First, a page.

Microsoft pulled the plug on one of its most popular operating system, effectively ending Windows XP support earlier this year. April 8, to be exact.
Needless to say, even with a high amount of early warnings, several organizations were caught off guard when it comes to upgrading their old computers to newer versions of Windows — many decided to purchase custom support from Microsoft.
The software titan promised to provide updates and security patches for Windows XP for another 12 months, which means by the end of next year, these users will be on their own.
But as shocking as it sounds, there are companies that have paid millions to Microsoft to keep their machines updated beyond the April 8 deadline, but they don’t look like they’ll be able to complete the migration to a newer version of by April 2015.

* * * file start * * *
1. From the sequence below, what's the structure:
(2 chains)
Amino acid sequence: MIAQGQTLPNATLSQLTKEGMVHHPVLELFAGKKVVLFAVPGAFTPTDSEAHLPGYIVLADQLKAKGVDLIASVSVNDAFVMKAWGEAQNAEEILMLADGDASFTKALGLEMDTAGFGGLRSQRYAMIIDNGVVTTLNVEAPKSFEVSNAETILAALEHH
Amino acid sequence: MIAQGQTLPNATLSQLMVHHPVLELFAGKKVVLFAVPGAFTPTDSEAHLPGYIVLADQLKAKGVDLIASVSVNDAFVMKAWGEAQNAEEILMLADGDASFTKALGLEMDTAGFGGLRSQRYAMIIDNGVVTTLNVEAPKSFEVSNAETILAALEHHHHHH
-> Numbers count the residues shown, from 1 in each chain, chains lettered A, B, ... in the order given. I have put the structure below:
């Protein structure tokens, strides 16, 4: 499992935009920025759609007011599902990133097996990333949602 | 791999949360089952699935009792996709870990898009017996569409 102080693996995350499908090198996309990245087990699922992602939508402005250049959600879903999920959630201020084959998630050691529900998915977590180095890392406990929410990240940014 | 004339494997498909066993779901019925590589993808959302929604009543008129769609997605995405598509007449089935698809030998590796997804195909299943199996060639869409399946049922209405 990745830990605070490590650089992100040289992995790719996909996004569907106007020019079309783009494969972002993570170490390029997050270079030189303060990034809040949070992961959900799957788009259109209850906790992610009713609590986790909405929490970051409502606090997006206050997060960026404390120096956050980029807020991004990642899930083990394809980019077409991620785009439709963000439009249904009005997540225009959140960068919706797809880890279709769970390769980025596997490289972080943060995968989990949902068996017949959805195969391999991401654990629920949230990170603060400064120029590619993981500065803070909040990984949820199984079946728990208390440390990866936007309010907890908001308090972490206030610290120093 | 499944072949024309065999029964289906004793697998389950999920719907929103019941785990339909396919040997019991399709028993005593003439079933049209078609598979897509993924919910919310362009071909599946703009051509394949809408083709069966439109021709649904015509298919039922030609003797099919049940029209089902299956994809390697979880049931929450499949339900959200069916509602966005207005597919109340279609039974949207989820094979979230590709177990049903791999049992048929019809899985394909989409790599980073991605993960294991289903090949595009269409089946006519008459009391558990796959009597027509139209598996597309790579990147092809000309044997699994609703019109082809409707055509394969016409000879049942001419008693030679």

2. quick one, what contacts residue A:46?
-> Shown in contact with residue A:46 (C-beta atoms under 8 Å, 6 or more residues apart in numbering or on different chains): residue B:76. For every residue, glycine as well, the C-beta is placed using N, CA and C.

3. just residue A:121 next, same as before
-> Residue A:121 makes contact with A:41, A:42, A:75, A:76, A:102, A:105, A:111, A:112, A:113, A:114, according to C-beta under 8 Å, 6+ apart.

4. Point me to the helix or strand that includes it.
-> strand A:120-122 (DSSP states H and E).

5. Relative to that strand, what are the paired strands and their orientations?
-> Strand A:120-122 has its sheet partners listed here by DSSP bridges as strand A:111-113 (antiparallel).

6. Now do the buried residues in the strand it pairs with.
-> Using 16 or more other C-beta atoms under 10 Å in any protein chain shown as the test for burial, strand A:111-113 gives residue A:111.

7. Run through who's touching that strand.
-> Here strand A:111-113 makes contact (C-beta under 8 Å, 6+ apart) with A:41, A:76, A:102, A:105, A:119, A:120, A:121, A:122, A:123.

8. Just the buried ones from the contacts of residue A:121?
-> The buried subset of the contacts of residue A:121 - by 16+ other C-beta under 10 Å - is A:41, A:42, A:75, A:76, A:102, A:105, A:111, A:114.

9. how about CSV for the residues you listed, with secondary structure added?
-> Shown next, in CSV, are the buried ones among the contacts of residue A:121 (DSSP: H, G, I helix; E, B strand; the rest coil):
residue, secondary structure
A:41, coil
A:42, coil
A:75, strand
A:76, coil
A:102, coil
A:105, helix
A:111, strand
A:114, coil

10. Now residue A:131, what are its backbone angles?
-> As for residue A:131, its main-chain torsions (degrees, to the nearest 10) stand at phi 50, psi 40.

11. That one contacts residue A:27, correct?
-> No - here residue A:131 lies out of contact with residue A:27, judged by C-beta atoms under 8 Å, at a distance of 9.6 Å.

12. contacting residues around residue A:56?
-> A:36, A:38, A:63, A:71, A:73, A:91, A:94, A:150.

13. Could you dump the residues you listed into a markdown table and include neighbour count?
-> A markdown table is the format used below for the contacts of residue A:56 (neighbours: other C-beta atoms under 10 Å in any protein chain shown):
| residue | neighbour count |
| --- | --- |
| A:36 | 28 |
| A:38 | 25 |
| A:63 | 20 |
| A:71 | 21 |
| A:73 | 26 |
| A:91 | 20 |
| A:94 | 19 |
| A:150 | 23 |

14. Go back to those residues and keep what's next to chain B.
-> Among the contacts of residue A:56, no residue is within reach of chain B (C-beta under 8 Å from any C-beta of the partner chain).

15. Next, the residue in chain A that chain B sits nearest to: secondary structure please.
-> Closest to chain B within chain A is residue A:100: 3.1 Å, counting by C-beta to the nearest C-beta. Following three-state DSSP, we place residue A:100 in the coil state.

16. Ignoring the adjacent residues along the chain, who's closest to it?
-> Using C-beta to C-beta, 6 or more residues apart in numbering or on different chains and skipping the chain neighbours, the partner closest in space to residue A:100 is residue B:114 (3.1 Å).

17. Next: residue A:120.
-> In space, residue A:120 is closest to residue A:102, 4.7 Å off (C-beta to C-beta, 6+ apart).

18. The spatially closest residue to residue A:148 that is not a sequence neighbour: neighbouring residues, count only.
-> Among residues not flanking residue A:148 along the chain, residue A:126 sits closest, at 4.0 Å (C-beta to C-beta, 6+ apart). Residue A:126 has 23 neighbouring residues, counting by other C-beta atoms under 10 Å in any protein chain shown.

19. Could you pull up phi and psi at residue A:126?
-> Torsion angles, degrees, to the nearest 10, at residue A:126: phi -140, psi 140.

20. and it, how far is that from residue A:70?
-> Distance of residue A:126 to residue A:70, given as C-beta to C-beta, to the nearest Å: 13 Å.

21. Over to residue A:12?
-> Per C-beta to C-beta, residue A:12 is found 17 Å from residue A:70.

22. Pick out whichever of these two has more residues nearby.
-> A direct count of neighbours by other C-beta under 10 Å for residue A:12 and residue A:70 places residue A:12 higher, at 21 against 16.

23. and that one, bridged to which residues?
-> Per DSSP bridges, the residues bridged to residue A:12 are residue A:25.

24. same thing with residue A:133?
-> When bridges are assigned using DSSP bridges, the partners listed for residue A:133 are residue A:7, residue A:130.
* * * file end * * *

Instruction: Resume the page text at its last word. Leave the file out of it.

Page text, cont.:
This report highlights a study conducted in the UK by virtualization technology provider Cirtix, which shows that 14% of the companies surveyed believe that they will not be able to complete their migration in time for the new deadline.
Meaning, Microsoft might have to extend this deal even further.
Local authorities have taken steps beyond extended Windows XP support, though, and have deployed additional security measures to make sure their machines stay safe, with or without patches.
This much is sure that with a market share north of 23%, it will take Windows XP years to completely disappear from computers worldwide.